Skip to main content

Just located another article that provides some interesting data and insight, along with links for further information.  Of special interest is the link to Richard Mouw's speech and the description of his concept of "convicted civility".  His speech gives a summary of his thinking on the topic.  Here is the link to the article:


Part of the problem with difficult discussions is an increasing inability to listen to others.  I've recently read a book that focuses on this essential part of conversation:  The Power of Listening:  Building Skills for Mission and Ministry by Lynne Baab.  Each chapter develops another side of our capacity to do real and intentional listening.  For example, a chapter is devoted to listening not to words but to that which is unspoken.  Two chapters focus on listening to God.  And one chapter is called "The Listening Toolbox" to describe ways in which we can develop our personal listening skills while we encourage our conversation partners to talk.  But the book doesn't just give information; each of its chapters concludes with a section called "Questions for Reflection, Journaling, and Group Discussion."  The questions help readers personalize and practice the topic of the chapter and provides excellent ways to take the art of listening into real life.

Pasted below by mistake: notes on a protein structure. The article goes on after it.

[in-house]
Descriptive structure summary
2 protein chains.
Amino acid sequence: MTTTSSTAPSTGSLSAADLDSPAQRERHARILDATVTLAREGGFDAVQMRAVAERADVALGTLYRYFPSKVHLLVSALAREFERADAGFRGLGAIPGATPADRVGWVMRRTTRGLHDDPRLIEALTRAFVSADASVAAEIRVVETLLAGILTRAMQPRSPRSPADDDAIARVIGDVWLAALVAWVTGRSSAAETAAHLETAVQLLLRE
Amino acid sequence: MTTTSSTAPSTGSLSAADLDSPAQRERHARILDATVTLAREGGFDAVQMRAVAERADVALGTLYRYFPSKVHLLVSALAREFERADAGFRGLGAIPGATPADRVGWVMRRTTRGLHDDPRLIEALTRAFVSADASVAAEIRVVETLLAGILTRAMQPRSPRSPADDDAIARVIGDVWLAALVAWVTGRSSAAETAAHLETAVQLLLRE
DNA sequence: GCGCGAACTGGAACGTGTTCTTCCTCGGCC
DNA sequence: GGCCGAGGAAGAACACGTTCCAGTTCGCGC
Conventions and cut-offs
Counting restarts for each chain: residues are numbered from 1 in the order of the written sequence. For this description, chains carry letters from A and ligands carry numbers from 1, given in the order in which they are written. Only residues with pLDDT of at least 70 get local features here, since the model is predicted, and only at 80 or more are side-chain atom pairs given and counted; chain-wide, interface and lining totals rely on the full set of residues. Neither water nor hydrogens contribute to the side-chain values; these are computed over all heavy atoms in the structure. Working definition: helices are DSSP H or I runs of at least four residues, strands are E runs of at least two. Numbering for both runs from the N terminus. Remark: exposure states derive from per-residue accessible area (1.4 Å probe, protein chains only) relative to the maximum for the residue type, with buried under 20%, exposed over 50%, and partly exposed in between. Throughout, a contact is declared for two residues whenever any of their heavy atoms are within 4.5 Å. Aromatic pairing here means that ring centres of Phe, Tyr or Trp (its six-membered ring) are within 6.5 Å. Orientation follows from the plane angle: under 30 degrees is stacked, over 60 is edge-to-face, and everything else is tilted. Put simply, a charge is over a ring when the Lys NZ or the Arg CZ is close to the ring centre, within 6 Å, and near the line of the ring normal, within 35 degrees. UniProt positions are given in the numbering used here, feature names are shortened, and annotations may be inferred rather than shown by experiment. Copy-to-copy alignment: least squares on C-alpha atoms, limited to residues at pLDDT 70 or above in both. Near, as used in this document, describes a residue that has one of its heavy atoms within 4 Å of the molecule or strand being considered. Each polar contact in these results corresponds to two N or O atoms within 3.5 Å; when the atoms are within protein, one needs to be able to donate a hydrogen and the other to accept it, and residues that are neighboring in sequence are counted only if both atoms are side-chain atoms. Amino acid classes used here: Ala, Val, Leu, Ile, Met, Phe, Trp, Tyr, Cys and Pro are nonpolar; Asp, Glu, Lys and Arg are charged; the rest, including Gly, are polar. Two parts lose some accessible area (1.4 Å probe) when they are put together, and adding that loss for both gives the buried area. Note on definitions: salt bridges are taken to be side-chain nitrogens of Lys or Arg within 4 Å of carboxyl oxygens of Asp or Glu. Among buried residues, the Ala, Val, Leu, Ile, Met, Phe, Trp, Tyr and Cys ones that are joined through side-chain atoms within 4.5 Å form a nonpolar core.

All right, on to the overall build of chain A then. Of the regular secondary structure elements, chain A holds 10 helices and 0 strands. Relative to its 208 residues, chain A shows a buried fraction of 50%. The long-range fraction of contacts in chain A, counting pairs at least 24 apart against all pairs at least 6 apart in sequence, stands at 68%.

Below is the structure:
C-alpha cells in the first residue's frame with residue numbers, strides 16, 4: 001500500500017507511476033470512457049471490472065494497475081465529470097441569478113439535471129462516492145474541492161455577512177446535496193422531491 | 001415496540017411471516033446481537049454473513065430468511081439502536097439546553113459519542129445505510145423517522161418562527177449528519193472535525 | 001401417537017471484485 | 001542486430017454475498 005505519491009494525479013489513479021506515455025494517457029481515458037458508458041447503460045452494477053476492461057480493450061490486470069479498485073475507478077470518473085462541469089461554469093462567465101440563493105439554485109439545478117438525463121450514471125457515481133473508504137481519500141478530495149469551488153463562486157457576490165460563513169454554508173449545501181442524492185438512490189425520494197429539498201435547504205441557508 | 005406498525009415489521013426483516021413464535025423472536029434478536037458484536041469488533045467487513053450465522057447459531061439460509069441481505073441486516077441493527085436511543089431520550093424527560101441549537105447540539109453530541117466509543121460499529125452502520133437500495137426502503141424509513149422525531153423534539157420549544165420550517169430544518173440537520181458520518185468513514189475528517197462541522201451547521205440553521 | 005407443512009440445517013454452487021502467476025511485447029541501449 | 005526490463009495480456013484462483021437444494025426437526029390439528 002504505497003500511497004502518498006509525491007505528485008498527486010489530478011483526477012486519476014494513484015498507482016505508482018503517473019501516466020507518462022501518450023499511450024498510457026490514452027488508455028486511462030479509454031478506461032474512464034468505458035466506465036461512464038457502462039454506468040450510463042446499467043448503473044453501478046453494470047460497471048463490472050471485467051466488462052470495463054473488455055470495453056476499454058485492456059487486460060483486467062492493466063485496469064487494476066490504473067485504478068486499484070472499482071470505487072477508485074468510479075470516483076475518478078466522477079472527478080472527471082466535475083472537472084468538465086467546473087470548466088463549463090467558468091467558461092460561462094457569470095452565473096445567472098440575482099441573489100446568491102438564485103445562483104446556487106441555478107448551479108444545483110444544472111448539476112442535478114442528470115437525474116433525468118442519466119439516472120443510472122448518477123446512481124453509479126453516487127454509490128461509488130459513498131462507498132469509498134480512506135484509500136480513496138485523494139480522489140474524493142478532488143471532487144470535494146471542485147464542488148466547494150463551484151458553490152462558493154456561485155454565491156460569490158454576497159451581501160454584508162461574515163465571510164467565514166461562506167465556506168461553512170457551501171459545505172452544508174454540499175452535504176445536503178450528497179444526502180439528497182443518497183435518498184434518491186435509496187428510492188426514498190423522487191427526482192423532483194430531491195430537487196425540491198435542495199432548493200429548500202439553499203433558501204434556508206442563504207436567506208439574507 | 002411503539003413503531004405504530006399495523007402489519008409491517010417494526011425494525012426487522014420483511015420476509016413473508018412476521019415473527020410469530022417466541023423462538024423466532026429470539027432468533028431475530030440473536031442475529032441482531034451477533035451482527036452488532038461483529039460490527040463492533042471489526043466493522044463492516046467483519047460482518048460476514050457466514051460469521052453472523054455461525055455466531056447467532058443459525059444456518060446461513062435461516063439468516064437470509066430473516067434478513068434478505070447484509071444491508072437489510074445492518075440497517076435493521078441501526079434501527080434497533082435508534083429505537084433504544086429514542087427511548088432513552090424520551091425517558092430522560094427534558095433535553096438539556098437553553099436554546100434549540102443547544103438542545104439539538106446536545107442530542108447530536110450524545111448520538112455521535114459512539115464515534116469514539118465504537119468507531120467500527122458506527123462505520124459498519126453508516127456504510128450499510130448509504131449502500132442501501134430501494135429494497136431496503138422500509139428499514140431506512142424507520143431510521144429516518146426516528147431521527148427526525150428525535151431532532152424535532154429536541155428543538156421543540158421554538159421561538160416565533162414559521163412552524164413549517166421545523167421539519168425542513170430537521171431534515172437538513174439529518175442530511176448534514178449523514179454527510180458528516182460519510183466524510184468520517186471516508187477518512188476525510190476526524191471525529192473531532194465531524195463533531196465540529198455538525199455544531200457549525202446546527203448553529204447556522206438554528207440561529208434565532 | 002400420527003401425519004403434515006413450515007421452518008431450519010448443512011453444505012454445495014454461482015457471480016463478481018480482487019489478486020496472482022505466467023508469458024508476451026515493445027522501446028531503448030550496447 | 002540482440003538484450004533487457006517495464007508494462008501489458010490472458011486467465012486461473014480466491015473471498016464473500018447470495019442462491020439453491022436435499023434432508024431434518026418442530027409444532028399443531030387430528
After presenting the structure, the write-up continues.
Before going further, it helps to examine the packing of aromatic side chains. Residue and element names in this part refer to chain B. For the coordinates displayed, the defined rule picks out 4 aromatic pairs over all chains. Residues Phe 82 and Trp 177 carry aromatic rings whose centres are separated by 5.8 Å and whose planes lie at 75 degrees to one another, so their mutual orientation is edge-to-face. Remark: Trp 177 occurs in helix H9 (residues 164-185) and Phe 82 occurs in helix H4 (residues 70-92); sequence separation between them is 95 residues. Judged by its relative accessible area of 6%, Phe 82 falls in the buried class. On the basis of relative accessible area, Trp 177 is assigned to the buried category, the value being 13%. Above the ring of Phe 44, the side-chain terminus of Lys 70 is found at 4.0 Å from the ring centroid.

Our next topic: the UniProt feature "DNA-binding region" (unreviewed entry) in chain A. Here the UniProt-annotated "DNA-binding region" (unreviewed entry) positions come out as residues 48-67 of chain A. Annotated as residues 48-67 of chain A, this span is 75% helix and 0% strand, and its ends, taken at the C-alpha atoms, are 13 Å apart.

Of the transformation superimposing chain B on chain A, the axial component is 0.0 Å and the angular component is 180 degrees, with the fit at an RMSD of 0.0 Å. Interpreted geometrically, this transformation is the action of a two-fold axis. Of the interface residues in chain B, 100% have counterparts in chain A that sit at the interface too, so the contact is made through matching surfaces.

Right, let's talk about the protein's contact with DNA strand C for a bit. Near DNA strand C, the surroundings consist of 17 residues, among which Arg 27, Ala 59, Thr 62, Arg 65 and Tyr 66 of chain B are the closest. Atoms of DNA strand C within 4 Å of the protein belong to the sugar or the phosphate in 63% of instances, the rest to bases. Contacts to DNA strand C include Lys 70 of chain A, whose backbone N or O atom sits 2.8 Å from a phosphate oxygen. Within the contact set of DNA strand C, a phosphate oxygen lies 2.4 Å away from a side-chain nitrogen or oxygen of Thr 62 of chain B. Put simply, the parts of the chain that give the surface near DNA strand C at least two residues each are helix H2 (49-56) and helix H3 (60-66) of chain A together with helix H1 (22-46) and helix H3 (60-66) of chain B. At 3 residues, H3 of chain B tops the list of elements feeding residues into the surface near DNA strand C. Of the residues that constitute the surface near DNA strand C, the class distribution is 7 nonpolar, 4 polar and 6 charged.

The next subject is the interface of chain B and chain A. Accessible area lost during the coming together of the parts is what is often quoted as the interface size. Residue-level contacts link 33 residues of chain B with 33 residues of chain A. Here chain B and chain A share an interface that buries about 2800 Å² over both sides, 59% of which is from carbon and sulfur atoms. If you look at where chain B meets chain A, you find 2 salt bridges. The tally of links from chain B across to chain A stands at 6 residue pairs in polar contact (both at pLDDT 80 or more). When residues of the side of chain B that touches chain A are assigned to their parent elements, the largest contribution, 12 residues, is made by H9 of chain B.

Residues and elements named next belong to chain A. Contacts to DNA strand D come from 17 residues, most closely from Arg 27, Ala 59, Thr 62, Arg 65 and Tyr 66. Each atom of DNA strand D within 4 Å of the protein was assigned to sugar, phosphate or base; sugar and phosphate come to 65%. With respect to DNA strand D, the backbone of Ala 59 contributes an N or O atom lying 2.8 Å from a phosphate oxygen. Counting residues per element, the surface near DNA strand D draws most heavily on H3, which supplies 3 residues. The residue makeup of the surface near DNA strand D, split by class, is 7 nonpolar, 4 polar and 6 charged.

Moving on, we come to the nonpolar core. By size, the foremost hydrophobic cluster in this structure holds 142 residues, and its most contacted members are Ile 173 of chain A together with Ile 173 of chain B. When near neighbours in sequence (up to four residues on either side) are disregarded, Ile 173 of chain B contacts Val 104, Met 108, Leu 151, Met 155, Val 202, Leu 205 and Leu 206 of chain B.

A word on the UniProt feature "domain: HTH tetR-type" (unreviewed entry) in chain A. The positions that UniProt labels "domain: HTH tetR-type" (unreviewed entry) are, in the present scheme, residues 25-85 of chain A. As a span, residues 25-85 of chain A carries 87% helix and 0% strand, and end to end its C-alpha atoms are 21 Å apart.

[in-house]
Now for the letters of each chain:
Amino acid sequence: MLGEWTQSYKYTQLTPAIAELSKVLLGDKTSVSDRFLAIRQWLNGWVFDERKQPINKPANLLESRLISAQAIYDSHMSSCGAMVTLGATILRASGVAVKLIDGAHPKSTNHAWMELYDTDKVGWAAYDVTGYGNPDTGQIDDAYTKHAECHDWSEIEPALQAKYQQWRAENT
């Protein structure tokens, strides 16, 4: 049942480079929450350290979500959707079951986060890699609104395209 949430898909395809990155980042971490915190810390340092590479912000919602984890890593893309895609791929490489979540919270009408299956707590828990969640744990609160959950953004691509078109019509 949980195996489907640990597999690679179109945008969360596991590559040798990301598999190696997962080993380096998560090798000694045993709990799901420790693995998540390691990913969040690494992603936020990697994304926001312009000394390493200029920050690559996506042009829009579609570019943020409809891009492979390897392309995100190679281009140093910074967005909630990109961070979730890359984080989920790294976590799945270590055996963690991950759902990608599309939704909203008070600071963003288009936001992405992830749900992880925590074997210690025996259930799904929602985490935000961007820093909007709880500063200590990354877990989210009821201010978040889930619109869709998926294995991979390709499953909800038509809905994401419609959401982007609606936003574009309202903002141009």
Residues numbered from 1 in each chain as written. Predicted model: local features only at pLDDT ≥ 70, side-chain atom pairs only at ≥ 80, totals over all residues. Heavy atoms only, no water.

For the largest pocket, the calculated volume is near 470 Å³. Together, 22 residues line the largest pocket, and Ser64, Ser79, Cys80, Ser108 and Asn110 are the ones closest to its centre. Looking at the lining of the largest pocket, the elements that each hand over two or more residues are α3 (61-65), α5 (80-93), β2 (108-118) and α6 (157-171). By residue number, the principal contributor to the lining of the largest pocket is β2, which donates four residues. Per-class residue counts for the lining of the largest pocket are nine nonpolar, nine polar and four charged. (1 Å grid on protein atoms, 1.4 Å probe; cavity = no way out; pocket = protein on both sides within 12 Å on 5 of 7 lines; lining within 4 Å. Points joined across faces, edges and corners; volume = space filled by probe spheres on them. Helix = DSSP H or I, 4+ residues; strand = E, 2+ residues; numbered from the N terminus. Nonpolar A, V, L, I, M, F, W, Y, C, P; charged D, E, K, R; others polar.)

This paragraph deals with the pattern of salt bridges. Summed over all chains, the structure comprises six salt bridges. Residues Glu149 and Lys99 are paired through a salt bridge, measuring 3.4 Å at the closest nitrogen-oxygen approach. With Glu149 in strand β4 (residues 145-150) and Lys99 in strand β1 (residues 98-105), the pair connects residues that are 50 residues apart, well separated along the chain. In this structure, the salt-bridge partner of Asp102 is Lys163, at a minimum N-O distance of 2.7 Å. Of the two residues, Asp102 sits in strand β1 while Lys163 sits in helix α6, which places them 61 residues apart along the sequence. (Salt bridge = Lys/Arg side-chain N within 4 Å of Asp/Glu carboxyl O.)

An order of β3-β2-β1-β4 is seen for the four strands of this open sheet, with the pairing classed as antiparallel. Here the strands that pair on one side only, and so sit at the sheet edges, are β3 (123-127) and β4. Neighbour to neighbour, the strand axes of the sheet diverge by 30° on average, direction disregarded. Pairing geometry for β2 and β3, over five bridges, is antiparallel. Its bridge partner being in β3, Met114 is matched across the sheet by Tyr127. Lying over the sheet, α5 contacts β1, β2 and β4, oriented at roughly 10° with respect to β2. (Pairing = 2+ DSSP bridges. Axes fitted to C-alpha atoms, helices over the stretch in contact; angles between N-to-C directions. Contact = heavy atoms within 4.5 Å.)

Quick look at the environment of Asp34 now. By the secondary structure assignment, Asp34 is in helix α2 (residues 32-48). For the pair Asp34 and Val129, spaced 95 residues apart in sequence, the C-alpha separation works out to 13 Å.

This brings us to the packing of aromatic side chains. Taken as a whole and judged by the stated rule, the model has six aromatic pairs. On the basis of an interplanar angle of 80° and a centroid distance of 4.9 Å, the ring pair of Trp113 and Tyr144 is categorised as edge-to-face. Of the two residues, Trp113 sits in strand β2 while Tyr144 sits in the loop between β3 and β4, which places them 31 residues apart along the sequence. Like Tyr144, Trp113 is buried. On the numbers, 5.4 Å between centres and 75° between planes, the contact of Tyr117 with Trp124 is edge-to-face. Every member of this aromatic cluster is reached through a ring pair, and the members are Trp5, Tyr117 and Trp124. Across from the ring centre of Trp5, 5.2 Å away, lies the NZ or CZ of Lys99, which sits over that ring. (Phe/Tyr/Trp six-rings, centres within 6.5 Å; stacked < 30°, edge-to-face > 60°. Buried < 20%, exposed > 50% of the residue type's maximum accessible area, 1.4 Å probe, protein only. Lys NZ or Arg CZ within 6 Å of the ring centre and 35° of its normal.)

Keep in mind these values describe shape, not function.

We want to hear from you.

Connect to The Network and add your own question, blog, resource, or job.

Add Your Post